NEW YORK (AP) – Filmmaker Cary Fukunaga has been waiting more than a year and a half for the biggest movie of his career, the James Bond film “No Time to Die,” to hit theaters. It has been a strange and surreal wait. Months before the much-delayed film even comes out on October 8, the film’s theme song, by Billie Eilish, has already won a Grammy.
“I had a dream last night where Sam Mendes was there,” Fukunaga said in a recent interview, referring to the director of the two previous Bond films. “We were on holiday on a frozen lake. He was done with Bond movies. And he was like, ‘Oh, you’re done with one. Now you get a break. ‘Then we started as water skiing on a frozen lake. ”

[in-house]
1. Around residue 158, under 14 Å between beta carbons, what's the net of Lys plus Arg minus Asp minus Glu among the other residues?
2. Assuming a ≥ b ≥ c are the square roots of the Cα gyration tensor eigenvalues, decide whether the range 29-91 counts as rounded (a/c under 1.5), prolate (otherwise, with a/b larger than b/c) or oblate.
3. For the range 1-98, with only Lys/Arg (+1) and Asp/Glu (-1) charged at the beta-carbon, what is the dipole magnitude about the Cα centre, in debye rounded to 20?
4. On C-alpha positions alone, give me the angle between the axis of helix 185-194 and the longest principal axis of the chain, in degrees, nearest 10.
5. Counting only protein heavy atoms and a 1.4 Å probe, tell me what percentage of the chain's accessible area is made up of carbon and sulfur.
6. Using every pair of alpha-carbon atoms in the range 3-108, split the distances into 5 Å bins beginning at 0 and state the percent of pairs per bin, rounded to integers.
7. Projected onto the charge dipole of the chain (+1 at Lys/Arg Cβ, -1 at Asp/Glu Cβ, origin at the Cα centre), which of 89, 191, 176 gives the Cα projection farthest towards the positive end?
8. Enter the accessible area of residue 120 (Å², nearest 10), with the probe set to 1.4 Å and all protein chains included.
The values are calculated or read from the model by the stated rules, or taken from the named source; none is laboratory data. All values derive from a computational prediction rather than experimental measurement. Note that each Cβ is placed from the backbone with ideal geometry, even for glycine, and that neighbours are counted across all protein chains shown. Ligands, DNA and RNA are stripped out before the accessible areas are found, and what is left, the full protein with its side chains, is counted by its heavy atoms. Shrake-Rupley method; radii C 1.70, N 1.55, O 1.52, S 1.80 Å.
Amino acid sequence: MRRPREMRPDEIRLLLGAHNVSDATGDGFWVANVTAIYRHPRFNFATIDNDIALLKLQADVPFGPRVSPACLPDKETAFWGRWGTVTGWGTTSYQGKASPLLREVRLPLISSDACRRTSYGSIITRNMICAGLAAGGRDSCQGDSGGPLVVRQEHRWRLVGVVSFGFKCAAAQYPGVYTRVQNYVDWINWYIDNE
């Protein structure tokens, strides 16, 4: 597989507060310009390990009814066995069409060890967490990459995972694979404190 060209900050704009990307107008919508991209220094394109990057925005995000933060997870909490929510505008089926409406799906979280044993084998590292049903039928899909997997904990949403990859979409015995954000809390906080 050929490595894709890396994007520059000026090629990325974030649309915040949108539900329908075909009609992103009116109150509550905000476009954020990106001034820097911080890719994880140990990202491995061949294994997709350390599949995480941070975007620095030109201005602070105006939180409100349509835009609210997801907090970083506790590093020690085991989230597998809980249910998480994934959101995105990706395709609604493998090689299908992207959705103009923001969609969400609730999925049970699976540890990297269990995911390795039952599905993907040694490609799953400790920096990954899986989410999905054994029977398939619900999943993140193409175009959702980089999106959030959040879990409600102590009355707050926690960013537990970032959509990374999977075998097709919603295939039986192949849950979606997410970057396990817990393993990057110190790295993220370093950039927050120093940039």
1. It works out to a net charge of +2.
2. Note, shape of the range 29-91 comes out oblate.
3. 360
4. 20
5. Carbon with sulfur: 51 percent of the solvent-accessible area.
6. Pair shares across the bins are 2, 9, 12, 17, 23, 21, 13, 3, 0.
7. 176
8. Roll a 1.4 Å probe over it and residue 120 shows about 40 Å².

“It was a strange dream,” says Fukunaga.
The autumn film season – usually a reliable rhythm and cozy autumn comfort – is this year, like much of the last 18 months, a bit disorienting. Along the way, films are once scheduled to open all the way back in April 2020, such as “No Time to Die,” summer films hoping to find better conditions this fall, and films that have been filmed and edited during the pandemic.
What has united is a film mishap – something much more robust than last fall’s cobbled, mostly virtual autumn film season – a season that stretched all the way to the Oscars in April. But the recent rise in COVID-19 cases due to the delta variant has added new uncertainty to a time Hollywood once had hoped would return to normalcy.
“Everything is fluid, and everything will remain fluid,” said Tom Rothman, President and CEO of Sony Pictures. “It simply came to our notice then. In the old days you planted your flag and you did not move for hell or high water. Now there is a great reward for being very flexible and agile. ”